In our case the "interpreter" will be a program that executes the binary on the target device and forwards the standard input, output and error streams, environment variables and execution error code between the build host and target. This program has to be compiled so that it works in the sandbox also when it's configured for the target CPU.
'ssh' can be used on build host and 'sshd' on the target for doing the above. SSH keys required for automating this can be on the NFS directory and these keys shouldn't be used for anything else. Unfortunately, with ssh you will need to transfer the environment variables separately.
To automate all this, we've developed 'sbrsh / sbrshd ' client-server software that automates all the required interaction (NFS mounting, environment variable transfer, I/O redirection, error returning, chrooting) between build host and target device.
You can get the binary CPU architecture signature for binfmt_misc configuration from the '/usr/share/magic ' file used by the 'file ' utility.
You need to have run-time environment similar to the sandbox on the target device (or device having the same CPU as the target). This includes the shell and dynamic libraries, not the utilities needed by the 'configure'.
This requires networking as you need to NFS-mount the directory where you're doing the source configuration on the build host, into same place (in directory hierarchy) on the target device as it's on the build host sandbox. This way target will have the same cross-compiled programs as build host, and any files that the executed program writes on the target device, will be in the same place on the build host sandbox.
This setup is called the "Development target environment".
How the above works:
'configure' tests the system and won't find any libraries and include files located outside the sandbox.
'configure' creates and cross-compiles a test program and tries to run it.
Kernel binfmt_misc module will note a registered binary format being 'executed', and runs it using the given interpreter.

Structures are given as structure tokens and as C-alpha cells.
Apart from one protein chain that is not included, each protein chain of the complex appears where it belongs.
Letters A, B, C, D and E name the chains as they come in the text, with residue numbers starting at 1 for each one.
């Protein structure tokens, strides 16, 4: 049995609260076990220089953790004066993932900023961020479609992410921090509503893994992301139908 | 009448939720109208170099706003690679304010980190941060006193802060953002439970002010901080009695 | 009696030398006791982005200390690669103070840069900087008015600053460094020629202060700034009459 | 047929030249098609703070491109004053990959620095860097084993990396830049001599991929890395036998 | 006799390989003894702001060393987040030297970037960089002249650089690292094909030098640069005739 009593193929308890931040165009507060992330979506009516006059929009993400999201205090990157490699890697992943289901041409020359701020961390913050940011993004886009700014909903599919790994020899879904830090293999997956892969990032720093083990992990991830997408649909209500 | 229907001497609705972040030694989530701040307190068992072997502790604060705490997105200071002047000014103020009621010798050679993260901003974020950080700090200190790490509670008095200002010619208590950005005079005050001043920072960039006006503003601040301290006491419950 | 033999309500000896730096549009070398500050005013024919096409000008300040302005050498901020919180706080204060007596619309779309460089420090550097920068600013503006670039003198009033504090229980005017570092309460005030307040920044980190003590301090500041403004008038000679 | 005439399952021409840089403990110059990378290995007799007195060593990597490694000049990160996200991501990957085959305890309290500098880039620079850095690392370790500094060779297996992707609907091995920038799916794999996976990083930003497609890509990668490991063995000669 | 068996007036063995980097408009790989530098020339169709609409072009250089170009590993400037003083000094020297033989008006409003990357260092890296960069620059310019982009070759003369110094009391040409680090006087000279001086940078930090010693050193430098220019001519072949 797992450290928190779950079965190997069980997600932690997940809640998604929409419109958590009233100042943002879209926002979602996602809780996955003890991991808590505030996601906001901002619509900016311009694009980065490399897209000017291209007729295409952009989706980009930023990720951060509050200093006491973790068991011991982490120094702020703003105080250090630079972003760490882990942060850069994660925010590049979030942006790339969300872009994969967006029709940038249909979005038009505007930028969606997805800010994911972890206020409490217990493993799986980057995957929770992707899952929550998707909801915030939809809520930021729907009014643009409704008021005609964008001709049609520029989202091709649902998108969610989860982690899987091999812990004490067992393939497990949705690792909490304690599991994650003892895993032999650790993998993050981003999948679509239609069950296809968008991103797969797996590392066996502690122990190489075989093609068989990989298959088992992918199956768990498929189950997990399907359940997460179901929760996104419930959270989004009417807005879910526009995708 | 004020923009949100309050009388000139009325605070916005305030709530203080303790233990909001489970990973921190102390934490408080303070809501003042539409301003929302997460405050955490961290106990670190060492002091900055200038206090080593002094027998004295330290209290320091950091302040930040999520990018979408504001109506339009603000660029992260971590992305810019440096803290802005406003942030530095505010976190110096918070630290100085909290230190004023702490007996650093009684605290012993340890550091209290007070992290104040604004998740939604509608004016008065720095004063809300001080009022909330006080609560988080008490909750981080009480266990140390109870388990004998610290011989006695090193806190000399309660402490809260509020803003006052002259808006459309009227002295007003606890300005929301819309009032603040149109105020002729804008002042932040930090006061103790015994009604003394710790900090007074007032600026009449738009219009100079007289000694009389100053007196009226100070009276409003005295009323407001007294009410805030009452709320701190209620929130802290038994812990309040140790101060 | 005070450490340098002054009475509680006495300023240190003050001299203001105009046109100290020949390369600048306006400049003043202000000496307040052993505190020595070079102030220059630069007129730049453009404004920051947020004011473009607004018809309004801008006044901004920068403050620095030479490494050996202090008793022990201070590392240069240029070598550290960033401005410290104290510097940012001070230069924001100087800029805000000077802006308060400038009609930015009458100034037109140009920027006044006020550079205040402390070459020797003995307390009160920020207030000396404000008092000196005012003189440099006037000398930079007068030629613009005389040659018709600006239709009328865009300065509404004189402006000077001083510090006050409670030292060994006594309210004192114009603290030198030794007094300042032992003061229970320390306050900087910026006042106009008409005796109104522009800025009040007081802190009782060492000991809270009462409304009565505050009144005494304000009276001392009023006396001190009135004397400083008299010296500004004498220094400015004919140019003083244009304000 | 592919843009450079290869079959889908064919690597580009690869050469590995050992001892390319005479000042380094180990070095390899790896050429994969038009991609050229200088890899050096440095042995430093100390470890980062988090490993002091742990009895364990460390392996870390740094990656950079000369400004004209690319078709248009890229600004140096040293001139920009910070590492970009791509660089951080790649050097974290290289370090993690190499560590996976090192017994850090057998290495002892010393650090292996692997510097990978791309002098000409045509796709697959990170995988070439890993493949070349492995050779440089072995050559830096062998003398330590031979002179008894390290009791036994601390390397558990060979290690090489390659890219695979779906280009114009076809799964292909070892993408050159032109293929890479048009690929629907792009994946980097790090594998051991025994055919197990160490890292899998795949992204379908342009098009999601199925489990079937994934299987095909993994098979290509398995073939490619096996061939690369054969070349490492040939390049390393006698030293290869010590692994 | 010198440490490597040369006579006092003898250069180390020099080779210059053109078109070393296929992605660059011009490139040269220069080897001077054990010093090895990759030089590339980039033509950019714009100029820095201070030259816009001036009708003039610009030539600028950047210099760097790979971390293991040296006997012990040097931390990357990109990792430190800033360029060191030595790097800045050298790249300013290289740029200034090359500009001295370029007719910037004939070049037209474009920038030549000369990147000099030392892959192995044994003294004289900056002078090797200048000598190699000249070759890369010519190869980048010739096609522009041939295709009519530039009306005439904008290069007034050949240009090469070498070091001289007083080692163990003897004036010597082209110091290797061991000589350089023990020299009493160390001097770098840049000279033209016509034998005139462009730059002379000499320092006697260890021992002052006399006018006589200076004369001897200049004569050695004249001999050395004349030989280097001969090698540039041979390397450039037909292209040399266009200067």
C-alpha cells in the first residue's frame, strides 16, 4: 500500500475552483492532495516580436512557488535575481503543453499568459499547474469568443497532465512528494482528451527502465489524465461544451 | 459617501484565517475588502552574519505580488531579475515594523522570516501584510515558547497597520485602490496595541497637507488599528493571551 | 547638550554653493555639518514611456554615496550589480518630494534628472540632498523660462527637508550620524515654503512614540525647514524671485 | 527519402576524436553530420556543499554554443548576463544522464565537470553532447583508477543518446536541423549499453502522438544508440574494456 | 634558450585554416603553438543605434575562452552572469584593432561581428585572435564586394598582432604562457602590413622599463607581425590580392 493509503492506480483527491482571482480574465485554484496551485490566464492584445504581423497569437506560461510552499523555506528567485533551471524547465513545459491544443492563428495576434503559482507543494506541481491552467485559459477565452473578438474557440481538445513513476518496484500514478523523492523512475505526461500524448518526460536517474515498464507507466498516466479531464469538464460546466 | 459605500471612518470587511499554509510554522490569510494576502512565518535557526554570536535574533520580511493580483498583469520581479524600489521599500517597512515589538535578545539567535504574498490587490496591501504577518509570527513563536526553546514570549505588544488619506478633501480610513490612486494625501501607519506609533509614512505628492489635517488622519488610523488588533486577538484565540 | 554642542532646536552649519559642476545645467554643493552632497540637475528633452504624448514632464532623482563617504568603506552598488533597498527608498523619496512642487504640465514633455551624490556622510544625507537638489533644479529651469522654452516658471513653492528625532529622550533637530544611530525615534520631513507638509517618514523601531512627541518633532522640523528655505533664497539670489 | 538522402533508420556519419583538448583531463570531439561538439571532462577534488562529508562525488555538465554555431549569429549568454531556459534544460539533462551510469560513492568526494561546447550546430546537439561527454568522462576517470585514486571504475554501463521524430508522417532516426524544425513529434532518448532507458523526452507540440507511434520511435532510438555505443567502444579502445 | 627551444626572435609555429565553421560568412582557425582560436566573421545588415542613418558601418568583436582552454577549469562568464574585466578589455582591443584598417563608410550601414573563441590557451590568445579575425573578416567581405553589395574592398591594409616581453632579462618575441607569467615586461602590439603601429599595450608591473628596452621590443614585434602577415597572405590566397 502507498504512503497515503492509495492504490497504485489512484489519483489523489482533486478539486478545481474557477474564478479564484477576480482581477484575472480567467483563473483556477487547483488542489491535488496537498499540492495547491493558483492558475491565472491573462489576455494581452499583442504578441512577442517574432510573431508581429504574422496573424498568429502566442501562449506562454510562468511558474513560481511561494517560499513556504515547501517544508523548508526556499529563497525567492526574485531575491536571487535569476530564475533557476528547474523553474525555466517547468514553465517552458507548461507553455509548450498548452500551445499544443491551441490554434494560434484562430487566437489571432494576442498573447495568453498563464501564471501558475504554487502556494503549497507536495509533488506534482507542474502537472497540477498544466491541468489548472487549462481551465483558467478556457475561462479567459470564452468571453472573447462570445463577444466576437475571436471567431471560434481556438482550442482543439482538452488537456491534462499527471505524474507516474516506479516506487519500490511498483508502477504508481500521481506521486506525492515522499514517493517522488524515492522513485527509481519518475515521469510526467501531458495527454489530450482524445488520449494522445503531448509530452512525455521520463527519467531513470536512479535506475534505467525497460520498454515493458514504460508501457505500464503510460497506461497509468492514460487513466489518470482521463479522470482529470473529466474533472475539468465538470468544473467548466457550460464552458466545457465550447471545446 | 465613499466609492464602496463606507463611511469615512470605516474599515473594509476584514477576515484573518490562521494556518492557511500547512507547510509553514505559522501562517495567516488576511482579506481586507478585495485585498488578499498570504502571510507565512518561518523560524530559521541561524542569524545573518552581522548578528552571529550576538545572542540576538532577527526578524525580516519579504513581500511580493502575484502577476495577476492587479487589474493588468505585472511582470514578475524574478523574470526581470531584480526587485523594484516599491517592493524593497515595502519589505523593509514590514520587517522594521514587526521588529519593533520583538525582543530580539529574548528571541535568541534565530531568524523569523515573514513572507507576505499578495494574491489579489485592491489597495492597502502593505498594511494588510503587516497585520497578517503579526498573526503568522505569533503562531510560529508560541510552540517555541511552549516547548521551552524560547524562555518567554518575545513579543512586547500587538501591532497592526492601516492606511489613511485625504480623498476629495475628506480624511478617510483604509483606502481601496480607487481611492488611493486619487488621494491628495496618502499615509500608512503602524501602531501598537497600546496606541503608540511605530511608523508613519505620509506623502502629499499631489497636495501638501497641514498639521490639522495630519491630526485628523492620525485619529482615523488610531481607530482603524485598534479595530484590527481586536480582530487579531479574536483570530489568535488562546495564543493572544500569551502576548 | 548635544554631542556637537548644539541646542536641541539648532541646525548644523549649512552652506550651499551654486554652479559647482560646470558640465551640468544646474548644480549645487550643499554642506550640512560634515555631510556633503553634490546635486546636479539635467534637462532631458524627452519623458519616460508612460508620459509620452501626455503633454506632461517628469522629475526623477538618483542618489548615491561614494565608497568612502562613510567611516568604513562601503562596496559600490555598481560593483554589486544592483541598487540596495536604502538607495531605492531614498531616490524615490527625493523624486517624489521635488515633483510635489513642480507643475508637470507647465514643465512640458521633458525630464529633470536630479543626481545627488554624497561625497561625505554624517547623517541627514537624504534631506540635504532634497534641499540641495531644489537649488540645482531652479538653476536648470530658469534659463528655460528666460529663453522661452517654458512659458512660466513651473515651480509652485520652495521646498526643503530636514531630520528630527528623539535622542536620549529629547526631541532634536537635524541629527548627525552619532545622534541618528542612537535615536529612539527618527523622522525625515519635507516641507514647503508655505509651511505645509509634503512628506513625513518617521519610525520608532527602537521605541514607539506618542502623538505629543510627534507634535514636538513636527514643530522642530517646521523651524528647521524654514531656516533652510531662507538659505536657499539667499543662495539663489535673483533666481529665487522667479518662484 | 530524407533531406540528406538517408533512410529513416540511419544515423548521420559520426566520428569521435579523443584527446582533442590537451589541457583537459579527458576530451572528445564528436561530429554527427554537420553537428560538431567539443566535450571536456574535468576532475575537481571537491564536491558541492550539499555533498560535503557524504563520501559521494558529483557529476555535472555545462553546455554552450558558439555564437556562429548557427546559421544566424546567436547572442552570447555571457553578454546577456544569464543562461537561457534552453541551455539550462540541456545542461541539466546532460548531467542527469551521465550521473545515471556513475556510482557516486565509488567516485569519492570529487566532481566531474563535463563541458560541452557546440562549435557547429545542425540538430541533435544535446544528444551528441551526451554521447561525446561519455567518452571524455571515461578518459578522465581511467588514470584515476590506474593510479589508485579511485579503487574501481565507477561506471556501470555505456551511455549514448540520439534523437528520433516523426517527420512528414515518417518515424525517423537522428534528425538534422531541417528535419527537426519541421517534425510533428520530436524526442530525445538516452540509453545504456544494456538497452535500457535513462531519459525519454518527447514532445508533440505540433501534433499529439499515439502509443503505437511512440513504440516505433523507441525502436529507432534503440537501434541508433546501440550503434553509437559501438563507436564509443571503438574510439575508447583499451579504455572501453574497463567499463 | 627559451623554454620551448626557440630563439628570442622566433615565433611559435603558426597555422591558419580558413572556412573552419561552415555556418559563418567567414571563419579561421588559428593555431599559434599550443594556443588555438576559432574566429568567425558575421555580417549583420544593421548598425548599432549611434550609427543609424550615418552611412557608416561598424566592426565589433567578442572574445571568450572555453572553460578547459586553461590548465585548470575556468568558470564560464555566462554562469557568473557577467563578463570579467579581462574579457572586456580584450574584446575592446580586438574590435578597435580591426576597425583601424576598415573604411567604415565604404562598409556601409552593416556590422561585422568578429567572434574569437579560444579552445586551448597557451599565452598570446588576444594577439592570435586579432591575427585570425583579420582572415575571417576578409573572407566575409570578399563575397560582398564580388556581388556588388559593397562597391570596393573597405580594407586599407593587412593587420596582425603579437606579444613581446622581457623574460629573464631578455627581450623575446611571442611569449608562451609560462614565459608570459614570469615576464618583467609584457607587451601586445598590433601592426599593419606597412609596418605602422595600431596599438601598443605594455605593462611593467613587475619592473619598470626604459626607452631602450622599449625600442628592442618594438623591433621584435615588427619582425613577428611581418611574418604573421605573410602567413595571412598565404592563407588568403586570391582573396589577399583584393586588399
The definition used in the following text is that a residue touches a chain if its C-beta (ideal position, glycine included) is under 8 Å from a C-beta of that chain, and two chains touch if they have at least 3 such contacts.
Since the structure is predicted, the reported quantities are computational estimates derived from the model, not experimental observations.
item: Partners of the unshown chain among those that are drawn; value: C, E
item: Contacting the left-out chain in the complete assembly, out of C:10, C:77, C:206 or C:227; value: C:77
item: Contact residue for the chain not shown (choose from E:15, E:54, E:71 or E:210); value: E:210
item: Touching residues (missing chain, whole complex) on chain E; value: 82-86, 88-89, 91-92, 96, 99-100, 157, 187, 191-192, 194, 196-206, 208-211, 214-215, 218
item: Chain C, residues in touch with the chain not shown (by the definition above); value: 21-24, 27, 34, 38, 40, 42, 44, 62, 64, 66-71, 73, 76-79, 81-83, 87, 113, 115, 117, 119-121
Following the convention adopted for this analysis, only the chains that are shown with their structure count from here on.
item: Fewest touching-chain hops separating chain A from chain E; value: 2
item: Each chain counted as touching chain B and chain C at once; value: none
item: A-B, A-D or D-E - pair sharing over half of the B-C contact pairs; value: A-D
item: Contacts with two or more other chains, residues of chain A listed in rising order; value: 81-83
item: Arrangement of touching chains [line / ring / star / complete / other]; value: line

"interpreter" will run the binary on the target device from NFS mounted development directory and redirect all of it's input and output between target and build host.
Result is that proper files are updated through NFS and program input and output forwarded correctly so that everything works for 'configure' as it were doing things natively.
This works both with the chroot and User Mode Linux and solves the second problem.
Because CPU is transparent to the sandbox, testing the cross-compiled binaries can be done in the pre-configured target CPU sandbox without manually logging to the target and copying the files. This requires NFS to be set up correctly (including the firewall settings of the host machine). When doing the tests, it's better check that you're doing them using the correct CPU target environment. Note that you can do only tests that don't require processes to communicate with each other this way. For integration tests you need the target product system environment.
A single development target device can be enough for a whole developer group for the target configuration / compilation and testing phase.
You can do development for the target environment with SDK sandbox containing only the x86 target toolchain.
You need the target device and cross-compilation support only for testing CPU architecture specific features and of course making a target specific binary release of your software. For this it's enough that you have a device with the correct CPU, network interface supported by Linux and enough RAM. It doesn't need to be the exact device for which you're doing the development for, the same CPU (family) is enough (e.g. iPAQ for StrongArm target).
Some of the target specific kernel device driver testing can be done using x86 emulated device drivers in User Mode Linux and a x86-sandbox. This should be much easier than native testing when your final target has limited resources and/or no network.
If you don't have a target device with networking capabilities or are otherwise lacking a target device, you can still do something with the software 'configure' scripts. Having the above described SDK will deal with the issues of 'configure' finding wrong libraries, versions, header files etc.